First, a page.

• Lisa H
      September 27, 2017 at 7:17 pm

      I have 4 close friends who are all driving their Lexus thanks to our MLM company, and I will be driving mine next year. :) Not all companies are created equally.

      I also make 70% of my income from the product sales and not from the "team".

  11. DeVerne
    July 29, 2016 at 5:38 pm

    This is really an article based on ignorance. Richard Branson, Dave Ramsey, Tony Robbins, The Authors or Chicken Soup for the Soul, & many other world class entrepreneurs understand Network Marketing & MLM for the value the model brings to the marketplace. It is 2016, it is time to wake up & realize that the current industrial model of earning wages is broken & out dated.
    The YouEconomy is vibrant & growing. This arena is where control over time & finances are created. Conservative statistics state that 71 billion dollars in commissions are paid out to distributors annually. With 98% being paid to families who earn a few hundred to a few thousand in monthly commissions.
    70% of Americans want a business that they own, but don't have the time, capital, or ability to stomach the risk of their investment. It is through Network Marketing that these people can have their own business & control their own destiny.
    It is sad that people are still writing trash like this that reinforces small minded thinking & keeps people trapped in the endless cycle of hire, fire, & debt.
    Pyramids are illegal, period. Network Marketing or MLM, or whatever you want to call it is not a pyramid, but a better way to reclaim control over your life & turn the tables on greedy unethical, uncaring corporations.
    DeVerne Augustus

    • Michael
      December 29, 2016 at 1:46 pm

      All those wonderful authors are being used as weapons to Brain Wash the victims of the MLM schemes.

      • Larry
        December 29, 2016 at 2:57 pm

        True! They feast on the failure that is MLM like seagulls on french fries. Nobody outside of the MLM industry has anything to do with these Cardone, Vaynerchuk, Lopez and Kiyosaki types. They simply regurgitate common knowledge and resell it to MLM'ers, often at the suggestion of their uplines, which makes one wonder what's in it for their uplines. The Landmark Forum is another favorite suggested. Est and LGAT are simply a form of group brainwashing, which makes it a perfect fit for the MLM industry.

        • Victor Ledezma
          January 14, 2017 at 8:18 am

          LOL you people sound like you failed at MLM and are salty enough to look this stuff up on the internet and just bash on everyone who wants to succeed. What's your solution? Work a job, trade time for dollars for the rest of your life? Is that what your life is about? MLM companies aren't about recruiting people and brainwashing ANYONE. The vision is to build a life of financial freedom so that people can spend their time with their families, become shining examples of hope and enjoy life the way that anyone brave enough to endure all the negative losers out there should. I love how everyone who bashes MLM does it with so much ease because it's easy to judge. But what's your solution? What else is going to provide a lifestyle that most MLM companies can offer if the work is put in with integrity and with a vision to truly help people do the same. Offer a solution, not just add negativity and maybe your opinion will matter.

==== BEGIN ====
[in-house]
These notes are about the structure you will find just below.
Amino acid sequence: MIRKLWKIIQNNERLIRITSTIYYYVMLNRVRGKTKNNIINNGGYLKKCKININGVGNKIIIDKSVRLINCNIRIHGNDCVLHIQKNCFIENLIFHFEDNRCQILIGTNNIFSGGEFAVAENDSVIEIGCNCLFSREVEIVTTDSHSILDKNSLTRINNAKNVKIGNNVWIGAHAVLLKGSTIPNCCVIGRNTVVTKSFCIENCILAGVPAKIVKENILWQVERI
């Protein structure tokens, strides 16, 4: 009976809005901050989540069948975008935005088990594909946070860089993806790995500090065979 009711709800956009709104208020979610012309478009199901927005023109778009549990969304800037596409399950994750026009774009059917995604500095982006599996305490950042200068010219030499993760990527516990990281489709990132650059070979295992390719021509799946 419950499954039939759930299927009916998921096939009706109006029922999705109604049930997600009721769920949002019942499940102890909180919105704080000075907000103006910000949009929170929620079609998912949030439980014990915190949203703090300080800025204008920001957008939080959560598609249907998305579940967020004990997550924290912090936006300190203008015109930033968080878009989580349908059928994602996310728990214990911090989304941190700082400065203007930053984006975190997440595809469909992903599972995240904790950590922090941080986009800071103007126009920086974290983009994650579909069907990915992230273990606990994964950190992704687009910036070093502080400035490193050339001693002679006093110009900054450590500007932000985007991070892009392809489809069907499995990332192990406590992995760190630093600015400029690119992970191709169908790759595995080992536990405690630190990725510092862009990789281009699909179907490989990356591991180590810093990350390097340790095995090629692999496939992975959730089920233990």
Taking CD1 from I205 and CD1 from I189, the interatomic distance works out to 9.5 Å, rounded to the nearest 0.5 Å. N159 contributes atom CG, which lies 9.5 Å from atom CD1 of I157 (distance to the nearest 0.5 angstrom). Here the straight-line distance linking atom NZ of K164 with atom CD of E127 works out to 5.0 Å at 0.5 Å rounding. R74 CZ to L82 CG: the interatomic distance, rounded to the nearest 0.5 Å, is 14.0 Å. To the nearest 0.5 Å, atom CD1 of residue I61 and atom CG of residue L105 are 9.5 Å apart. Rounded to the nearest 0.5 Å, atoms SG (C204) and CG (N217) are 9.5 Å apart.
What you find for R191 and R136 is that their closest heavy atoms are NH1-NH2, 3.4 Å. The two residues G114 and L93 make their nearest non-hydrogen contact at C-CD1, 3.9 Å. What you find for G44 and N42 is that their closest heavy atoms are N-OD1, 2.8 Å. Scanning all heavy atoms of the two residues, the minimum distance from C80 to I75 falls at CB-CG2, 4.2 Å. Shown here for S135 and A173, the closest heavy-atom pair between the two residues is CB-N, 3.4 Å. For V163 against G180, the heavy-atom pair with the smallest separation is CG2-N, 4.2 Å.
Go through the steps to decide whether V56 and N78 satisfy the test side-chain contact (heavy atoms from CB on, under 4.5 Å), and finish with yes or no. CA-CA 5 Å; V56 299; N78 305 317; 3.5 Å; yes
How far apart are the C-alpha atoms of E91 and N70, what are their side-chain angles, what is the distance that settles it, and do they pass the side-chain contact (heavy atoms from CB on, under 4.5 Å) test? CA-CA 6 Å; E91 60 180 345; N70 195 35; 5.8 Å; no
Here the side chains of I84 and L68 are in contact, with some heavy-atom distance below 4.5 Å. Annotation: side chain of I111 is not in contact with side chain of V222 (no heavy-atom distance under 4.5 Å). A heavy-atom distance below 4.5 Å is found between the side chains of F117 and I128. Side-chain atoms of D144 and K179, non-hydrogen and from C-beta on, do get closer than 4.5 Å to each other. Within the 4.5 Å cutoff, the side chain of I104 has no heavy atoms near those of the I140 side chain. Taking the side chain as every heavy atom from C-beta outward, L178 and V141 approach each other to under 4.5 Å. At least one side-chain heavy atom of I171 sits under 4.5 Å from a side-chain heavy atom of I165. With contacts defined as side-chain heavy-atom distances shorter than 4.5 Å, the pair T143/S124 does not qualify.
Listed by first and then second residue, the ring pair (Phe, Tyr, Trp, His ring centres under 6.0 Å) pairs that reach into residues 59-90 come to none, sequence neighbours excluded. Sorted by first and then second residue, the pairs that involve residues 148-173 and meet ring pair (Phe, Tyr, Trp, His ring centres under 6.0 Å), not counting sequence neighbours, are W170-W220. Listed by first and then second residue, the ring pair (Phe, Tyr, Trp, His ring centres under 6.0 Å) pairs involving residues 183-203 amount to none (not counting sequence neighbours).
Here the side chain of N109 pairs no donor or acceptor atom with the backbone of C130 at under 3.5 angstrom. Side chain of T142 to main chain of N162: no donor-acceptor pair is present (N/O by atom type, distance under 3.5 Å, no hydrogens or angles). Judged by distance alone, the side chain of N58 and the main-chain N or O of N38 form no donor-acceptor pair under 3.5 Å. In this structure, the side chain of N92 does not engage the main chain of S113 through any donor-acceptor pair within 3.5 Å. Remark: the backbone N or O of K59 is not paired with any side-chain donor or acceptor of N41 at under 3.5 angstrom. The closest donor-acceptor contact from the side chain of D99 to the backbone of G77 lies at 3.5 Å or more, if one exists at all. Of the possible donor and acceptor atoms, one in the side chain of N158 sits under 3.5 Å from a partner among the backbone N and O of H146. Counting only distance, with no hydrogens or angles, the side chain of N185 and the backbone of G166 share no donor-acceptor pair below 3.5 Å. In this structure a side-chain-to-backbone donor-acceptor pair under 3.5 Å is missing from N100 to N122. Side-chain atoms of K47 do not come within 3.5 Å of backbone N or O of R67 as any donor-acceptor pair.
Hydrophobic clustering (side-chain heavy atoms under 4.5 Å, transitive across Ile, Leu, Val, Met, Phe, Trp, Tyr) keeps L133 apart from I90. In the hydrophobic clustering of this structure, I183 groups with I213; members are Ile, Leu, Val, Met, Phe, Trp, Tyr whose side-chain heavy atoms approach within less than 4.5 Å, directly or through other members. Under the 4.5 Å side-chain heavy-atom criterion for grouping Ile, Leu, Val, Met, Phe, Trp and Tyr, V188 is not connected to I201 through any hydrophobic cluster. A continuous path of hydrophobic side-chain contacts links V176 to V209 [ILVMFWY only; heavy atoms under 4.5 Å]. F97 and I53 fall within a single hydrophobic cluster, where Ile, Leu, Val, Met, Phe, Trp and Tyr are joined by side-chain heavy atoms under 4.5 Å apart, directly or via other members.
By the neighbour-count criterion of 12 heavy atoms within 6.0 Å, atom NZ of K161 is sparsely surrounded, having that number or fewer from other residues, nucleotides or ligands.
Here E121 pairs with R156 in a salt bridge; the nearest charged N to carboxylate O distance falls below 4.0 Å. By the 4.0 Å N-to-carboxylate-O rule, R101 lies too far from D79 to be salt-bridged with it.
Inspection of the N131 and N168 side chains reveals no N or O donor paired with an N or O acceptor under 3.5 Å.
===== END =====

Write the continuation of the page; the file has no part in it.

• Choyak Yakatak
          January 29, 2017 at 12:16 am

          since Victor Ledezma refuses to allow a comment, I will comment here. He alleges that MLM can make you Super Mega Turbo Rich. I would call myself an ANTI MLM ZEALOT and a 'Dream Stealer'

          my solution is get an education first, then the awesome jobs will follow. I have a group of awesome friends, all are basically ANTI MLM ZEALOTS heheehehe and none of them are POOR!!!!!

          I told my friend that I could jump across the Grand Canyon, my friend informed me that I cannot, making my friend a DREAM STEALER!!!!!

    • Larry
      January 14, 2017 at 4:21 pm

      Ive yet to review an MLM annual report, where with basic math skills, anyone can determine the number joining and leaving each and every year. Its rather easy to calculate by simply taking the number involved in a previous year, adding the new reps who joined, then comparing that to the number of reps the following year. (if an MLM has 100,000 reps, adds 30,000, but still shows a force of 100,000 the following year, its rather obvious that 30,000 have disappeared). Those are the numbers that MLMs dont want you to know. And those numbers repeat themselves over and over and over.